Daylesford and the Macedon Ranges is decidedly lush with farmers, growers, and makers — plus those who have (more than) a knack for transforming bountiful produce into exquisite things to eat and drink.

Here’s our pick of restaurants, cafes, bars, and breweries worth seeking out next time you’re planning a weekend jaunt.


Du Fermier, Trentham
Restaurateur-chef-baker-farmer, the inimitable Annie Smithers has dedicated a lifetime to translating the region’s red dirt and cool climes into meaningful paddock-to-plate cuisine. Her Trentham restaurant Du Fermier is a cosy space, and that’s not the only reason advance bookings are an absolute necessity. There’s a new menu each weekend, based on French farmhouse dishes and centring vegetables grown in her kitchen garden at nearby Lyonville. There, she raises cashmere goats, miniature white Galloway cattle to graze the pastures, rare breed Cheviot sheep and Sebastopol geese, as well as ducks and chickens. But the meat and poultry offering at her handsome regional resto has always leaned local. Here, you’re in for a four-course set menu with the option for matched wines from the carefully curated list.

Frank and Connie’s Kitchen, Hepburn Springs
Chef-owner Caliopi Buck named this homey restaurant after her Greek grandparents and their generous cooking influences. The menu changes weekly, sometimes daily, driven by the seasons and available produce. You can expect a few Greek dishes like housemade pita or saganaki with honey, but the remainder moseys with the whims of the chef — who spent four years dedicated to pastry and loves surprising guests with South American lamb ribs with chimichurri. To start, convince your fellow diners to share the Middle Eastern-spiced quail with hummus and pomegranate, as well as duck bao with pickled radish and cucumber. Larger plates might feature beef ragu with pan-fried ricotta gnocchi and charred broccolini. Dessert is always a must (those pastry stripes, remember). Think loukamathes (Greek donuts) or French-style crème chiboust with poached rhubarb and quince sorbet. Meanwhile, little brother cafe Harry’s peddles freshly baked cakes, coffee, and sourdough over on the next corner.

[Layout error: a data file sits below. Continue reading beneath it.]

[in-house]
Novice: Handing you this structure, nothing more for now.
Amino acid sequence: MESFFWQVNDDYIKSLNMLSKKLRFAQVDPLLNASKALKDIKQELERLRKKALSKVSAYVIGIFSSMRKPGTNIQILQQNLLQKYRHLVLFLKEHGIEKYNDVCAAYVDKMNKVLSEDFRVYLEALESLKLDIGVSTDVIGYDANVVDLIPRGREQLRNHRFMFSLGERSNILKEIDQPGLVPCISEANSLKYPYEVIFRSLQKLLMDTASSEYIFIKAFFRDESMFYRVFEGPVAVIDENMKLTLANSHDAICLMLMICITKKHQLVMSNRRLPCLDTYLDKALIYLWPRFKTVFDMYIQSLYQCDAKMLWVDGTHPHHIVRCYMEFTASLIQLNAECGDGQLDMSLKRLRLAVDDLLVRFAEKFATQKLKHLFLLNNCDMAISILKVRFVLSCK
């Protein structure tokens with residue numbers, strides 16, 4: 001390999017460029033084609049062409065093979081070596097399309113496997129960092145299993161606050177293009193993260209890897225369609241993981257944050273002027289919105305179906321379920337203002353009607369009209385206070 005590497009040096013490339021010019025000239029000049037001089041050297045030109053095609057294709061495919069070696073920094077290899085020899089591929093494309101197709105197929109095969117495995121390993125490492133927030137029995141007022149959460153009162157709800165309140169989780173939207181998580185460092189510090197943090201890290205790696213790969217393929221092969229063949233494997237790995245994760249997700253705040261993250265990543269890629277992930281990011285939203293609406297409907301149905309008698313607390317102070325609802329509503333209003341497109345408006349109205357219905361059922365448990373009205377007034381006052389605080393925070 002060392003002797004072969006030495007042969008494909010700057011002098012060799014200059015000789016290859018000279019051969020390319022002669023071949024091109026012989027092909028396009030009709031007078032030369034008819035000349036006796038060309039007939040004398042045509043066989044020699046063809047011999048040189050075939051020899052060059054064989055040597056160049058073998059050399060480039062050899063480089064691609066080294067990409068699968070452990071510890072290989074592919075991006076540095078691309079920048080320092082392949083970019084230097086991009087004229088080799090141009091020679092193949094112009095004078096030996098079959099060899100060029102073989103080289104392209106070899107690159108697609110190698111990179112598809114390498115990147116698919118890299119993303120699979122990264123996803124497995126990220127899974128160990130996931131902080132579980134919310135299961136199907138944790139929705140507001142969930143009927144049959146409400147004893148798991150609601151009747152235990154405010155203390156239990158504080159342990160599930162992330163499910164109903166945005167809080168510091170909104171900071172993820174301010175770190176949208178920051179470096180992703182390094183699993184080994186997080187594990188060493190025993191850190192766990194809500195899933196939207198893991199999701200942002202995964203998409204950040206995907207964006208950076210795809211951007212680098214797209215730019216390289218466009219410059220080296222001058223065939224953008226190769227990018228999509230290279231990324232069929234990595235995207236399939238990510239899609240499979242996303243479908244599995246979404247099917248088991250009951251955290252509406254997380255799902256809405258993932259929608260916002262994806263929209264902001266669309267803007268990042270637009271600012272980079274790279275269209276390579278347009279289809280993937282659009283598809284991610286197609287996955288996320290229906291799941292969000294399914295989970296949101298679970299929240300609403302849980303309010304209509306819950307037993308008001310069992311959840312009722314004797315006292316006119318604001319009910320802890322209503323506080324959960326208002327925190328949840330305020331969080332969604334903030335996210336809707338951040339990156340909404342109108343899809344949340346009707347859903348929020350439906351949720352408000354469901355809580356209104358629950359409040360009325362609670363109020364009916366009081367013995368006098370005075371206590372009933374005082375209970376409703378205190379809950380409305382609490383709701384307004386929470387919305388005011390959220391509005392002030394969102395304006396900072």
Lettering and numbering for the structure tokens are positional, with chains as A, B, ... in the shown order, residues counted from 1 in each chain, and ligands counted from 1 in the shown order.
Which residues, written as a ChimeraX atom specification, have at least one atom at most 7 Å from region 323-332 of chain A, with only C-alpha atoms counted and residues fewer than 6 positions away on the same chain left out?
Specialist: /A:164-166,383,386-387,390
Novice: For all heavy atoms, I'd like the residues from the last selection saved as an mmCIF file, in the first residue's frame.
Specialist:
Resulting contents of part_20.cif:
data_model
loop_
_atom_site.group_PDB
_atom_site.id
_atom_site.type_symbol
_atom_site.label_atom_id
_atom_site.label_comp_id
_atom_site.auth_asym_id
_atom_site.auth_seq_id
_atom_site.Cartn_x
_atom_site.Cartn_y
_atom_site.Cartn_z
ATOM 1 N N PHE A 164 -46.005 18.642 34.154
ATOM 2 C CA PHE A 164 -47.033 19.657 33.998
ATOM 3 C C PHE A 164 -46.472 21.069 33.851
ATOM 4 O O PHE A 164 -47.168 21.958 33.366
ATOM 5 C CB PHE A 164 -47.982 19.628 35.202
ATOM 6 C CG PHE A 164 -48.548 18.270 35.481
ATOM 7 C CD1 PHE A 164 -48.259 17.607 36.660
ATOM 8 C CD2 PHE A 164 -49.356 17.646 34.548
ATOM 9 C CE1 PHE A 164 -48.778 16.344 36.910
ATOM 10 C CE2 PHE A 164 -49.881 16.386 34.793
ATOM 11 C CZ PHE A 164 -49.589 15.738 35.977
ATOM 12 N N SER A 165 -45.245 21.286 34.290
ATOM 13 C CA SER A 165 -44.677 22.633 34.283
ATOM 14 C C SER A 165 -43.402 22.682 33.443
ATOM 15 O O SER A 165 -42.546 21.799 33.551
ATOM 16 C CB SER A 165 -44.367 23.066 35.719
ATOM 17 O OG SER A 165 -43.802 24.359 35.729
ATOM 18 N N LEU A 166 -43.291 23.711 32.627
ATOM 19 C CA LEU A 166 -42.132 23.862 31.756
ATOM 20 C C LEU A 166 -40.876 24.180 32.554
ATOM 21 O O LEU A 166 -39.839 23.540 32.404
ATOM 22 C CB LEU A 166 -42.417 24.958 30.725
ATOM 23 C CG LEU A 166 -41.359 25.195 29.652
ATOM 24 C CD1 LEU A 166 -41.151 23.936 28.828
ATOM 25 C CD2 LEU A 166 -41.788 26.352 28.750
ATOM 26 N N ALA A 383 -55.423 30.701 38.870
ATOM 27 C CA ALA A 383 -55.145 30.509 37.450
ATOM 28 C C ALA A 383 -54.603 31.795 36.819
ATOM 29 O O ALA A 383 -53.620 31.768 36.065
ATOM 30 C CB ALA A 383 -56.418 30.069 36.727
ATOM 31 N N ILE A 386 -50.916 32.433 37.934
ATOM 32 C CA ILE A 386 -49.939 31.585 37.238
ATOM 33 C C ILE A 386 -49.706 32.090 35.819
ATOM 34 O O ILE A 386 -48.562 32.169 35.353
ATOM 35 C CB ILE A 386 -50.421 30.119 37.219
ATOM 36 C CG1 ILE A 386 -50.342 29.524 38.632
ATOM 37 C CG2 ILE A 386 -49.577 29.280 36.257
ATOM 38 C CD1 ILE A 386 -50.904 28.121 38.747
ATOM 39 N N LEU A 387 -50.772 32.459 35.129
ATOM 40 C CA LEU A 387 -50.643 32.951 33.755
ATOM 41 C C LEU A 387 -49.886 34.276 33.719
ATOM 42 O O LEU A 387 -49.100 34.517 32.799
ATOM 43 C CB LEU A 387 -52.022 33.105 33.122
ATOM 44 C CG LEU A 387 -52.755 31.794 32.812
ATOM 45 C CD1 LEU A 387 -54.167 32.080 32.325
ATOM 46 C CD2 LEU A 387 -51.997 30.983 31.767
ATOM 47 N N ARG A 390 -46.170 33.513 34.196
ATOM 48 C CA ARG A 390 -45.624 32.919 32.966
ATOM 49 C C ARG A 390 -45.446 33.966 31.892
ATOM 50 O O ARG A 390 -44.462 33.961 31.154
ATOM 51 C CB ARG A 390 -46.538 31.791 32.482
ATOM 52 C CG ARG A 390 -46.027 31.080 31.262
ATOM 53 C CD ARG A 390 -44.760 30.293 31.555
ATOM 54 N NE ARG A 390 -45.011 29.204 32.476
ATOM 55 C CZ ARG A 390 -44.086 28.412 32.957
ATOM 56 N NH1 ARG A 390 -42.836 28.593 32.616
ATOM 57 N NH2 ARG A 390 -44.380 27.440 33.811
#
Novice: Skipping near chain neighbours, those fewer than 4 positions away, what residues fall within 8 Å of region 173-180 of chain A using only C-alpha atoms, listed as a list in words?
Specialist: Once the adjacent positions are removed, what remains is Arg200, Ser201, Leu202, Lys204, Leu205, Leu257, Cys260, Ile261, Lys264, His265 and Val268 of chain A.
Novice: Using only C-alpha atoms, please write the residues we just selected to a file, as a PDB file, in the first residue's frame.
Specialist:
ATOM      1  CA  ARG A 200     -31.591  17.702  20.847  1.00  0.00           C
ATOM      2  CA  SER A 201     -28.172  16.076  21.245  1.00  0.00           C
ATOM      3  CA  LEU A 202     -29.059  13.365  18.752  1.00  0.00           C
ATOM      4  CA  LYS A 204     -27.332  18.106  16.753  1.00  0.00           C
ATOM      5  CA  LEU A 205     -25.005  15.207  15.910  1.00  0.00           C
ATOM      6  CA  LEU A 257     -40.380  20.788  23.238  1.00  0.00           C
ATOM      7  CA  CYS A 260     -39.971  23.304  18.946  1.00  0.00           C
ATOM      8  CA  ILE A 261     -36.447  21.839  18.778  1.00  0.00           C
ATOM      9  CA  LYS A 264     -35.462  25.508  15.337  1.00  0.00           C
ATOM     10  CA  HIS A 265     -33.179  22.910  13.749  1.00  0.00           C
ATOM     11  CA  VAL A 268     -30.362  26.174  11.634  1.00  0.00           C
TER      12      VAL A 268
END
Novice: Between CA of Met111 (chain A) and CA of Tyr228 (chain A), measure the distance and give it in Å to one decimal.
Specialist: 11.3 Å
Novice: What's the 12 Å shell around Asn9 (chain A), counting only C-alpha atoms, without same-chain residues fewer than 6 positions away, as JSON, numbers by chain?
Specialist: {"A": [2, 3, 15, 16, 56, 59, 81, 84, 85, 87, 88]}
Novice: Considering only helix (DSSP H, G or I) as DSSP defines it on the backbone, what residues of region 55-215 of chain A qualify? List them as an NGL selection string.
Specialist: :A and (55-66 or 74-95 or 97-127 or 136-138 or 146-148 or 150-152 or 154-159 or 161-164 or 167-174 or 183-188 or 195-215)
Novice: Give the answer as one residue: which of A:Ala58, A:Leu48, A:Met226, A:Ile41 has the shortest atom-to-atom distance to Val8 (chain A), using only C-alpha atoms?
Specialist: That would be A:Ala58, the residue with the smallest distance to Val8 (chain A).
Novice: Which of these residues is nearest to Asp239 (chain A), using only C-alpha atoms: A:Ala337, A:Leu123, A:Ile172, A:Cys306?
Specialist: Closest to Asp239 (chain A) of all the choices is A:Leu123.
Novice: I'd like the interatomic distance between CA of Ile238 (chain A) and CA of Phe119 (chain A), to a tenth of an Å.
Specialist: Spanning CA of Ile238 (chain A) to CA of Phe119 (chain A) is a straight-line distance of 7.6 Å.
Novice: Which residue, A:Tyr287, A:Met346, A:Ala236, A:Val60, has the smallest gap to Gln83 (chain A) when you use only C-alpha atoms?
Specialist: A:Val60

Midnight Starling, Kyneton
With its wood-panelled walls, Art Deco lighting, marble bar, and bentwood chairs, this handsome bistro will transport you straight to the (European) continent. The French bistro boasts its own kitchen garden and flower field in nearby Spring Hill, growing a lot of the fresh produce that lands on the menu. That means there’s always a veg option, like braised leeks with roasted parsnip and pickled shallots to start, followed by pastry-cloaked mushrooms. For everyone else, the bistro makes excellent use of game meats and uncommon cuts like wild hare, pheasant, or pig’s ear. This fits snugly with owner-chef Steve Rogers’ zero waste agenda — one rabbit might become rillette, ballottine, terrine, grilled livers, roasted rabbit leg, and rack of rabbit. Just add mustard and cornichons. Diners can opt for two or three courses à la carte, or a six-course chef’s selection with the option for matched local and French wines. To start, haggle with your dining party over who gets to devour the steak tartare, roasted quail, duck liver parfait, or pigeon. Then likely double up on the sought-after duck à l’orange or the fish with seasonal veg and champagne sauce. Wipe up the exquisite sauces with baguette. Chase the cheese course with crème caramel.